The absolute simplest—and arguably most well-known—example of this type of win condition is chess, specifically the checkmate. In fact, we often use the word ‘checkmate’ to describe any kind of defeat or inescapable position. For those (somehow) unfamiliar with chess, checkmate happens when a player runs out of legal positions for their ‘king’ piece, and a legal position means that it’s not threatened by any opposing pieces.
Chess is actually a perfect example of variable game length: the quickest possible checkmate—aptly named Fool’s Mate—takes only 2 turns to do, and as the name implies, it requires some absolutely foolish gameplay from one of the players in order to be achieved. As for the upper bounds on game length, that goes off into ridiculous territory. The number of possible moves is so large that it’s virtually infinite, at least when playing on anything less than astronomical time scales. However, people have realized this, and to keep things relatively sane, have implemented a few rules that put more reasonable bounds on game length. I won’t get into those, but you can find more info here and here—they essentially amount to ‘end the game if it hasn’t been going anywhere for a while’.
Because the game length is not predefined by the rules, the designer’s approach to the game’s pacing differs drastically. Now, you no longer have direct, precise control of when you want things to happen and how the balance shifts as the game progresses. You definitely still have control, but it’s much more nuanced. While throwing away this type of fine-grained adjustment might seem like a bad idea, it’s actually far from it. It’s a different approach, with its own set of strengths and weaknesses.
For example, let’s look at predictability, i.e. how easy it is for players to predict who’s gonna win the game ultimately. In a 5-round game, the tension can absolutely be killed if one player manages to get a massive lead during round 3, to the point of it being obvious that the other players can’t catch up. Now, of course, this depends on how the scoring functions and how easy it is to work out mid-game, but it definitely can and does happen. The fact that the game has a predefined length makes it easier for the designer, as well as for the players, but it does come at a cost.
On the other hand, variable-length games are much more unpredictable on average, and this can affect the tension in the game tremendously. It can guide players to adopt a ‘fight to the death’ attitude, since even with a massive lead, predicting if and when the win happens is not that clean-cut. Of course, in both cases, this depends on the amount of interaction in the game, and how easy it is to catch up to the leader, but the unpredictability of these kind of ‘race’ end-states is generally exciting in a way that fixed rounds aren’t.
It’s all pros and cons: fixed-length is more straightforward to design, pace, and balance; variable-length is harder to tune, but offers a much smoother and potentially more tense experience. And just to add, the fixed-resource type of end-state feels like it belongs somewhere between these two extremes—of course, where exactly depends on the implementation.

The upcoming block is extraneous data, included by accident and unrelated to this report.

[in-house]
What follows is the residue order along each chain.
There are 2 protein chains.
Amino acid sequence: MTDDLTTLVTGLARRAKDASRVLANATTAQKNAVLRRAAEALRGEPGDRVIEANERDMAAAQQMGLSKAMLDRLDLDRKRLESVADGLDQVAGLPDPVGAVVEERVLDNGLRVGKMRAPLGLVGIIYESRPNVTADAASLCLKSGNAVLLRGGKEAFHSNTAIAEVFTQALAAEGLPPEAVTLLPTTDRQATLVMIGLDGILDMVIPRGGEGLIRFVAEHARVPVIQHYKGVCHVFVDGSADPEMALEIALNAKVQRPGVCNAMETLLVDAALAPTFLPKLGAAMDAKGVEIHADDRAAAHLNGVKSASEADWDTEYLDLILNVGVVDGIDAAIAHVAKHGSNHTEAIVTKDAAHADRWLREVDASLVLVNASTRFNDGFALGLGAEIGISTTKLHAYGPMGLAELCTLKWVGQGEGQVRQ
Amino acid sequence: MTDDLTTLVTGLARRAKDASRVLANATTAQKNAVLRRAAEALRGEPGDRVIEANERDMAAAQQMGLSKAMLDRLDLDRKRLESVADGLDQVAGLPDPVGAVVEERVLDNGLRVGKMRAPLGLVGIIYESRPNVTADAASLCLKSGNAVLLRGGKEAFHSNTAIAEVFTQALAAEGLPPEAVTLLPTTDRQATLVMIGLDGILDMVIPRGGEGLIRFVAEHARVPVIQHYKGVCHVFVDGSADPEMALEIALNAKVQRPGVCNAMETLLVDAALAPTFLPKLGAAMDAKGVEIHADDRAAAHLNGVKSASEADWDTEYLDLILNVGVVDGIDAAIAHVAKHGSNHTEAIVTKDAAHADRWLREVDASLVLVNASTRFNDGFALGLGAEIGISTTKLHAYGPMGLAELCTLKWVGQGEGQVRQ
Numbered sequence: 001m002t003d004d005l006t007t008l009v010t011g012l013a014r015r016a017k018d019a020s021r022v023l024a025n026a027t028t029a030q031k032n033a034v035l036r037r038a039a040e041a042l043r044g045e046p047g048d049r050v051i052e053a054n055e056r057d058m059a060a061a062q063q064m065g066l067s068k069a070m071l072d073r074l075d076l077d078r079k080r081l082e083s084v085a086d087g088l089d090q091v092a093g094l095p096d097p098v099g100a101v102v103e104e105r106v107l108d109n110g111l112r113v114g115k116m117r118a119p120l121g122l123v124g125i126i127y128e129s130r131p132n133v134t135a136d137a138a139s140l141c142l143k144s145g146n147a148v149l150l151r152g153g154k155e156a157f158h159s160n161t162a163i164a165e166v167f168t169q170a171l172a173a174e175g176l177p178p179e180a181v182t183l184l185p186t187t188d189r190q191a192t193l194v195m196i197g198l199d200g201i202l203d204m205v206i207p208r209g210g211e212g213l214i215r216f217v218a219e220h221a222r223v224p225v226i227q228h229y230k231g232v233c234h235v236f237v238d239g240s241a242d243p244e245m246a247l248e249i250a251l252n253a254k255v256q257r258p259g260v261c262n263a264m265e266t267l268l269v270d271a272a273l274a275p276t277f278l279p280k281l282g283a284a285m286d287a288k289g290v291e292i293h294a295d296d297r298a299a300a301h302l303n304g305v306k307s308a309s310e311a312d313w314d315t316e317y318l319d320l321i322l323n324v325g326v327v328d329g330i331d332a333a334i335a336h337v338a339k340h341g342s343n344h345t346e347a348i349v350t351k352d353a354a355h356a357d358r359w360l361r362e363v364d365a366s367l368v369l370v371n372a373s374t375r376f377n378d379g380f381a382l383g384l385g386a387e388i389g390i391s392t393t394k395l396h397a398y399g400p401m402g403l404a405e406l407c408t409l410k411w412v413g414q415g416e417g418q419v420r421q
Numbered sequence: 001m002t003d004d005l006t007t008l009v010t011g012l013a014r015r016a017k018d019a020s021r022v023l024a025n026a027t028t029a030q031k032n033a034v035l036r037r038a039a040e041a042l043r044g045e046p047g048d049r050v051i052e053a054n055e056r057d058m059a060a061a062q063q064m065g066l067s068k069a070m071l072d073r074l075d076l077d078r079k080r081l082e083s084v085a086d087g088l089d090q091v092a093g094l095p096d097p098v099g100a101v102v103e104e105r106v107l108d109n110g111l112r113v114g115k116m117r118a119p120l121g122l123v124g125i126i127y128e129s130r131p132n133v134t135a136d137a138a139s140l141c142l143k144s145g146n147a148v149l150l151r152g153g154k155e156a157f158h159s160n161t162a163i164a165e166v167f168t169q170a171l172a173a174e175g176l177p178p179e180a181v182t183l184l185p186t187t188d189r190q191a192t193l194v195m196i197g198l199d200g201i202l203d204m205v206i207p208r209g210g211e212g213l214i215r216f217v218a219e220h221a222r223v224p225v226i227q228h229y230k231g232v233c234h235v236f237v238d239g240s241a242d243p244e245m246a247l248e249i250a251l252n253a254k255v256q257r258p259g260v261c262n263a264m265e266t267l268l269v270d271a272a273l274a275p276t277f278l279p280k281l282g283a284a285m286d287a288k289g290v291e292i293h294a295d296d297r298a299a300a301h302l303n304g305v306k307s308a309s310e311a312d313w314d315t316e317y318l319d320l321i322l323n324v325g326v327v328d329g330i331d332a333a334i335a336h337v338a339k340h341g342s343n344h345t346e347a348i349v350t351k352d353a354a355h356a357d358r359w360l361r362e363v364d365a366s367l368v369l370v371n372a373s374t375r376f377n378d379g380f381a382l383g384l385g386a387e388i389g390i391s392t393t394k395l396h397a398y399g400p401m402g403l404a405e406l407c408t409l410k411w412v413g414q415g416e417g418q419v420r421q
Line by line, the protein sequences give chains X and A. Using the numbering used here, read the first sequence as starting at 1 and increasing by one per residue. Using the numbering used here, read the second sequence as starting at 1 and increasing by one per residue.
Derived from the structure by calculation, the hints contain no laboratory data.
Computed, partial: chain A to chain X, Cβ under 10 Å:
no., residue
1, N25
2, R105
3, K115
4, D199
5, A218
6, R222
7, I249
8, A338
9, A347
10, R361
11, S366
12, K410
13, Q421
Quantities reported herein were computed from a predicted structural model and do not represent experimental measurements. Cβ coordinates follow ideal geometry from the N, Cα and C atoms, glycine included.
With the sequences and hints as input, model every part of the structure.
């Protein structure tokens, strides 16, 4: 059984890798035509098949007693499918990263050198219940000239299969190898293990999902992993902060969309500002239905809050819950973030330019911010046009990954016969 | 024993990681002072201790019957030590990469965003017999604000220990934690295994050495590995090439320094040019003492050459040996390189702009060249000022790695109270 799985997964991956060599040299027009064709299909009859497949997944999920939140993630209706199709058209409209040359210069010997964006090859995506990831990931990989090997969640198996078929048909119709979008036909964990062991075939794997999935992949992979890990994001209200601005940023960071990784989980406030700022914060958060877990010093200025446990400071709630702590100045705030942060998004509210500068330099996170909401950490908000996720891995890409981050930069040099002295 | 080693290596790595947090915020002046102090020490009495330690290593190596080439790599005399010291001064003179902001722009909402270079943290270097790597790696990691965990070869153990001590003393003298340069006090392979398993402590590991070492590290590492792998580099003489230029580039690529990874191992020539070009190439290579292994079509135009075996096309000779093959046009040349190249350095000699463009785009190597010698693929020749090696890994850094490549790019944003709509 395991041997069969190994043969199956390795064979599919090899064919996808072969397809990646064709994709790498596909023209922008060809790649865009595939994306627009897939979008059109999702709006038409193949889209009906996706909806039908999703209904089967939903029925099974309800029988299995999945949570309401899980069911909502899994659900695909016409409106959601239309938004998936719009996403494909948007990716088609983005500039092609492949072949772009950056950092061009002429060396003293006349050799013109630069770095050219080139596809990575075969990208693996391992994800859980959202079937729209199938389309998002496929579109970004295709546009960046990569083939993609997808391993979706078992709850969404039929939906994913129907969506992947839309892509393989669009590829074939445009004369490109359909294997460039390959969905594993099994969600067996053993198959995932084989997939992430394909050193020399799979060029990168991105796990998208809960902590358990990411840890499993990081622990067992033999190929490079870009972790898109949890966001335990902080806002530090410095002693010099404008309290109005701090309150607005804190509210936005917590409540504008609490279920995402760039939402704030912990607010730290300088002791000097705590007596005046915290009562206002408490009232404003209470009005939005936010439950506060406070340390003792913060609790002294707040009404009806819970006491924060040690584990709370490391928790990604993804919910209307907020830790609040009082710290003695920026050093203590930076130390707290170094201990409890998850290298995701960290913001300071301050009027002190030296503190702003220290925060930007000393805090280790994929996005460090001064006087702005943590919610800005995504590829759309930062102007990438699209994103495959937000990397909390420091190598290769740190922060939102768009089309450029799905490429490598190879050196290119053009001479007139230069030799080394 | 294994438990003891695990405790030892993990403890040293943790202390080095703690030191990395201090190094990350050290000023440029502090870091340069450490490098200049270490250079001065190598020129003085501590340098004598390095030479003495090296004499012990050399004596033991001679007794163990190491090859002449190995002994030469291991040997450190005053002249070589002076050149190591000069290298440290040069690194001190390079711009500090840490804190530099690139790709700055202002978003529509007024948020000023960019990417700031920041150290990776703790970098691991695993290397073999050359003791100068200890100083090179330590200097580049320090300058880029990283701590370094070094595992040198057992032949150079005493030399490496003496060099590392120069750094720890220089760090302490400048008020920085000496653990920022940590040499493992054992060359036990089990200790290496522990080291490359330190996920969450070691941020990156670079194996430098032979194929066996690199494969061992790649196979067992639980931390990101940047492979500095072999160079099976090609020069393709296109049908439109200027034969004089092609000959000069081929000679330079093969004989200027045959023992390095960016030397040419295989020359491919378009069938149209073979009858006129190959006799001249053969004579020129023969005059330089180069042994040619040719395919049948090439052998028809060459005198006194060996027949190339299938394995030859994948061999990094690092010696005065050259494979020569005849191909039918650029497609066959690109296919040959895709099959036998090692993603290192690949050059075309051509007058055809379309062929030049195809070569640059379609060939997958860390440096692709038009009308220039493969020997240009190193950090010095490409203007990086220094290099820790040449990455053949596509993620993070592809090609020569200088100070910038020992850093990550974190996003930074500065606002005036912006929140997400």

End-state: Player gathers required number of <something>
When talking about end-states and wincons, it’s absolutely critical to mention one condition which absolutely towers above the rest in terms of how often it appears: first to reach X points wins.
The reason this type of wincon is so common is that it’s pretty much the simplest implementation of a ‘race’ to design and develop, and most of that comes down to a single factor: granularity. Being able to easily tweak the amount of points gained and the victory threshold massively helps with iteration speed. There’s also the fact that this granularity gives players a good sense of how close to winning each player is, which leads us to:
Aside: Countdown to victory
When talking about point-based wincons, we have to address the method—or rather, the timing—of counting said points. For both fixed- and variable-length games, you can always count each player’s points after the game ends, or you can keep constant track of points, updating the values as points are scored.
The difference in tension between these two methods can be immense:
- Counting only after the game ends generally leads to games where players can’t be completely sure which player’s going to win. While you can have a vague idea of who’s in the lead, and even by how much, nothing’s clean-cut until the final count—of course, barring a player getting so far ahead that any ambiguity is gone.
- Counting during gameplay, while giving more information and hence providing less uncertainty, can also be very useful in games with good catch-up mechanisms. Especially in free-for-all multiplayer games/gamemodes, being able to see when someone’s getting ahead, and how quickly, can serve as a ‘wake-up call’ to other players for the sake of trying to catch up to or slow down the leader.
- With games that span multiple rounds, counting can also be done between rounds, but not within a round. This method is a bit of a middleground, since it gives players information about victory progress during key moments, i.e. the round transitions, but hides the progress during the round itself.
When developing a game with a point-based system, be sure to try and test it with different score tracking methods, and use the one that best aligns with the amount of public information and tension you want for your game.